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re herbs as banned substances
- To: Ridecamp@endurance.net
- Subject: re herbs as banned substances
- From: "Beth Glace" <email@example.com>
- Date: Tue, 27 Oct 1998 15:51:46 +0000
- Comments: Authenticated sender is <firstname.lastname@example.org>
- Organization: NISMAT
- Priority: normal
- Reply-to: email@example.com
This discussion raises an interesting and thorny issue that human
athletes also have to cope with. It is difficult to say where to
draw a line between a food stuff and a pharmocologic agent. It is
probably most important to remember that naturally occurring, as in
herbs, does not mean the ingredient is not a drug. Such
ingredients for humans include caffeine containing products such as
guarana, coffee or tea, or "energy" supplements such as Ma Huang or
ephedrines. Many of these "natural" ingredients will result in
positive drug tests by the IOC. Caffeine is allowed in low amounts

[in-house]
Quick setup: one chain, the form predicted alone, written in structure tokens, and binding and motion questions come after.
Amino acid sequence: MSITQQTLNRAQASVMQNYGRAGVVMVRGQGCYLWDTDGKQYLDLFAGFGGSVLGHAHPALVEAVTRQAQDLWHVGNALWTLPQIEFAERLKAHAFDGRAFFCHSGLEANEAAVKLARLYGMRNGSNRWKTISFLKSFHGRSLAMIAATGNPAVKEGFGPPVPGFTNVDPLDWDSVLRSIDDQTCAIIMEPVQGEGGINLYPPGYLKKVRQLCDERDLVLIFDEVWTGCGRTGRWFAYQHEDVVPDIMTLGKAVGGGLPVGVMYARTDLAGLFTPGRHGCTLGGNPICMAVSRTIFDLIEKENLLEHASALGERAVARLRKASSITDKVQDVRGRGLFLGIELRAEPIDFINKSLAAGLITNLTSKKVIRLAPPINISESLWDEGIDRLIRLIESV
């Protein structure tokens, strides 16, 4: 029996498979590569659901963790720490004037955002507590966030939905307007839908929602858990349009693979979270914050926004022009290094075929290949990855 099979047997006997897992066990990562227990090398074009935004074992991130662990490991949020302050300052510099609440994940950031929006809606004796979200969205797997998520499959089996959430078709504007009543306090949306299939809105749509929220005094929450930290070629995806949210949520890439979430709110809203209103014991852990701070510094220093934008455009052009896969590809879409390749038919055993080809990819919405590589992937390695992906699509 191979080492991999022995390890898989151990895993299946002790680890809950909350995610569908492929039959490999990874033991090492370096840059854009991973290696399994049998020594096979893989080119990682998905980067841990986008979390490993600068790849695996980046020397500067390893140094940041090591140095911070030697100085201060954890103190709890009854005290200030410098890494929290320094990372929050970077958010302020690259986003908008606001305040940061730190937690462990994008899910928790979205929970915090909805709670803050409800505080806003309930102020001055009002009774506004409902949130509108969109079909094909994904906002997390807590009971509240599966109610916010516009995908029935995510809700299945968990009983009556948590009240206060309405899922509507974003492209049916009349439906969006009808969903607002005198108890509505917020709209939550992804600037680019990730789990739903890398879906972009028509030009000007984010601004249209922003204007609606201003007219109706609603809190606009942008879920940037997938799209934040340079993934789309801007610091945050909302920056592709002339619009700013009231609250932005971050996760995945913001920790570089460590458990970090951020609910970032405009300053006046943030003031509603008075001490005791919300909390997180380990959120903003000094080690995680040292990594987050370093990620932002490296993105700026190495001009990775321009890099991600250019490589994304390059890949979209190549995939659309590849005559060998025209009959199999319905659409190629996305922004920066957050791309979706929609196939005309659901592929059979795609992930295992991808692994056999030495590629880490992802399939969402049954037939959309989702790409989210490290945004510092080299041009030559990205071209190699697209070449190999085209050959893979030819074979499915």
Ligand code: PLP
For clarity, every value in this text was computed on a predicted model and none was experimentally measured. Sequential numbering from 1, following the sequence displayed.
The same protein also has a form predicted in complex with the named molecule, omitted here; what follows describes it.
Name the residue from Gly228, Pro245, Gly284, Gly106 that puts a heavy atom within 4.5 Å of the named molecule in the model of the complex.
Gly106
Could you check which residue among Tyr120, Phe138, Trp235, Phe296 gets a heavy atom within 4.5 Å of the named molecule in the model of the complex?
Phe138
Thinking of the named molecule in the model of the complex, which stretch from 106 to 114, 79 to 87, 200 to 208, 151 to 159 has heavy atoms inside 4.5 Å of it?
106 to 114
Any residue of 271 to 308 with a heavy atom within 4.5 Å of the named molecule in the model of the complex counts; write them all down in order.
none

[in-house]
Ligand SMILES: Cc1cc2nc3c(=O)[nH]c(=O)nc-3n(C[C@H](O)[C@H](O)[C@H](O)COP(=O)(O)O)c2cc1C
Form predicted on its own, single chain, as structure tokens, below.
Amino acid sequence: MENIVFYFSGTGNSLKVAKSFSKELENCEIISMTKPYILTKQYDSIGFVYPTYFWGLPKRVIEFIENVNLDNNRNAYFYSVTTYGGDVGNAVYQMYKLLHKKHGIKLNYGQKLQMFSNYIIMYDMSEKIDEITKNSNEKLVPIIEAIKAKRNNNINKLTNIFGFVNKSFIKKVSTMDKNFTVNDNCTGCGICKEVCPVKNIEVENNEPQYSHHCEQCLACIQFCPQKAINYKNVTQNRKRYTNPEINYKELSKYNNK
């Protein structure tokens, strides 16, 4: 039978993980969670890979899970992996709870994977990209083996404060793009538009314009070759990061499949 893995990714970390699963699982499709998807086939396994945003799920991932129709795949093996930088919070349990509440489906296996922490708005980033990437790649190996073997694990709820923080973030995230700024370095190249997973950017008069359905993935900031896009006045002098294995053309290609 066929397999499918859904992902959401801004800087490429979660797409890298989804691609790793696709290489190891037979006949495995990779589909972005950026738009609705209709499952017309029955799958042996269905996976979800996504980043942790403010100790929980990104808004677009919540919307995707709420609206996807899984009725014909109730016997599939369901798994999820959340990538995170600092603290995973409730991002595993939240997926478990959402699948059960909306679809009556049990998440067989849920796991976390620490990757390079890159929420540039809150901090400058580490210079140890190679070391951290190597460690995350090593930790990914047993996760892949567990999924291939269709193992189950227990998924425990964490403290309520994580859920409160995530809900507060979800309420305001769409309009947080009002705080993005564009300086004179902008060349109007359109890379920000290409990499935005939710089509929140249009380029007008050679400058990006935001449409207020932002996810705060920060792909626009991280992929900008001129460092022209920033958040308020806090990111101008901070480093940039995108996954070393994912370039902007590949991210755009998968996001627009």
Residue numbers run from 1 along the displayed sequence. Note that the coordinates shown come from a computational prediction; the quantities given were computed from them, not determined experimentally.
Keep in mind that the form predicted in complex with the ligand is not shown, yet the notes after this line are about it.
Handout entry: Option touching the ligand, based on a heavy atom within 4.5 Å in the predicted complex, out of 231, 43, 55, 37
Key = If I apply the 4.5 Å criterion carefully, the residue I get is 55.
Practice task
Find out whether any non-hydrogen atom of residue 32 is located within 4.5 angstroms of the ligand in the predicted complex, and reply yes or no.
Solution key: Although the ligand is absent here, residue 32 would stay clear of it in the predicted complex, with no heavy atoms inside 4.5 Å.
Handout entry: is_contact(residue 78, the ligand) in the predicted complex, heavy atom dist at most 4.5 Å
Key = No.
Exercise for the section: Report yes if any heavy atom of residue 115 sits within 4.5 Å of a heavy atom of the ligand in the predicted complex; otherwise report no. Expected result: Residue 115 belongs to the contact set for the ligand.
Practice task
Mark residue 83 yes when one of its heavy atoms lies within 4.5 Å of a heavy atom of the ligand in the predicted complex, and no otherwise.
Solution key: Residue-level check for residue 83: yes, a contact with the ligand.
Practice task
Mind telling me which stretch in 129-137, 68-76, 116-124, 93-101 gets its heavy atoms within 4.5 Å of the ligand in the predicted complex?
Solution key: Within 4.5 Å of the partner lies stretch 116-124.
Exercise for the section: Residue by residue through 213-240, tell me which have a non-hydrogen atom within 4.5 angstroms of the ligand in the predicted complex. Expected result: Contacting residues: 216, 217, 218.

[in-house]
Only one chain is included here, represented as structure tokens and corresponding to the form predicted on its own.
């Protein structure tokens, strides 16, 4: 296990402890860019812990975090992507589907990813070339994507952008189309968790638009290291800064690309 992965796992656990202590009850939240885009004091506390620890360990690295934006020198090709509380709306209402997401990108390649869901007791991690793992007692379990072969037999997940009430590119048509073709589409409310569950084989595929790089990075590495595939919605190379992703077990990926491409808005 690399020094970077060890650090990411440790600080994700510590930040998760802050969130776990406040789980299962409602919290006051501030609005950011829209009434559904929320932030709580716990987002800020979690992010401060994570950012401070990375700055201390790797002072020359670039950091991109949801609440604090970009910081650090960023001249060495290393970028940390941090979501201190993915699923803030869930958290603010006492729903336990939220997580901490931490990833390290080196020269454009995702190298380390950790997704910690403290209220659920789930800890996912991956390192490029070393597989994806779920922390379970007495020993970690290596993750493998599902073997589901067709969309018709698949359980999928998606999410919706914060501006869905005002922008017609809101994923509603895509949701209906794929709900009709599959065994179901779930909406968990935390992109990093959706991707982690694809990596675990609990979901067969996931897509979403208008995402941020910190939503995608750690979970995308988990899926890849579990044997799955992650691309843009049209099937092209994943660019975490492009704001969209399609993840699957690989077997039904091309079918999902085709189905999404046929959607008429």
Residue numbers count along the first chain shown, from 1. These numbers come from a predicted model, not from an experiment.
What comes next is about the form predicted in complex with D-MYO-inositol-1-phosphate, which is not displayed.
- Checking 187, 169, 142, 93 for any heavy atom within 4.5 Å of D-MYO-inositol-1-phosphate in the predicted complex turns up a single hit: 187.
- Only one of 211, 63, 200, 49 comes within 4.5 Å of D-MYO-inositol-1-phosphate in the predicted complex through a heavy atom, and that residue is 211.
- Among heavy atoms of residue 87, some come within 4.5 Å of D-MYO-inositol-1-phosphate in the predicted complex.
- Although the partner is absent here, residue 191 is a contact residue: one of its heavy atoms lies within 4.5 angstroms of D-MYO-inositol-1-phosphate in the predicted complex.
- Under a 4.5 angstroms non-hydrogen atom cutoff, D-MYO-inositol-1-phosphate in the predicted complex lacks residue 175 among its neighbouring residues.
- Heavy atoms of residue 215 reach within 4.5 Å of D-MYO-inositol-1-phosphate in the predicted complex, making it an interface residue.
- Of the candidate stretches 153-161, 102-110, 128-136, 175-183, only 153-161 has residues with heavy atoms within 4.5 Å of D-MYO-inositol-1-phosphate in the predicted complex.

but you will be suspended if caught with amounts indicative of >5
cups of coffee. Why the suspension and possible end of someone's
competitive career? Because these substances are proven to
enhance performance, often by exerting a stimulant effect.
Furthermore, they are not ingredients essential to life or widespread
in the typical diet.
Of course, we do manipulate food and fluid intake, and in horses load
them with electrolytes in amounts they would never see in nature, to
extend their ability to exerice for prolonged periods in adverse
conditions. Given the impossibility of testing for all these
substances it becomes incumbent upon the
person to act according to the rules of the organization and of
conscience. We should remember, though, that arsinic is contained in
apple seeds, and digitalis is found in the garden. Natural does not
always mean ethical or advisable.
Beth Glace, MS
Lenox Hill Hospital
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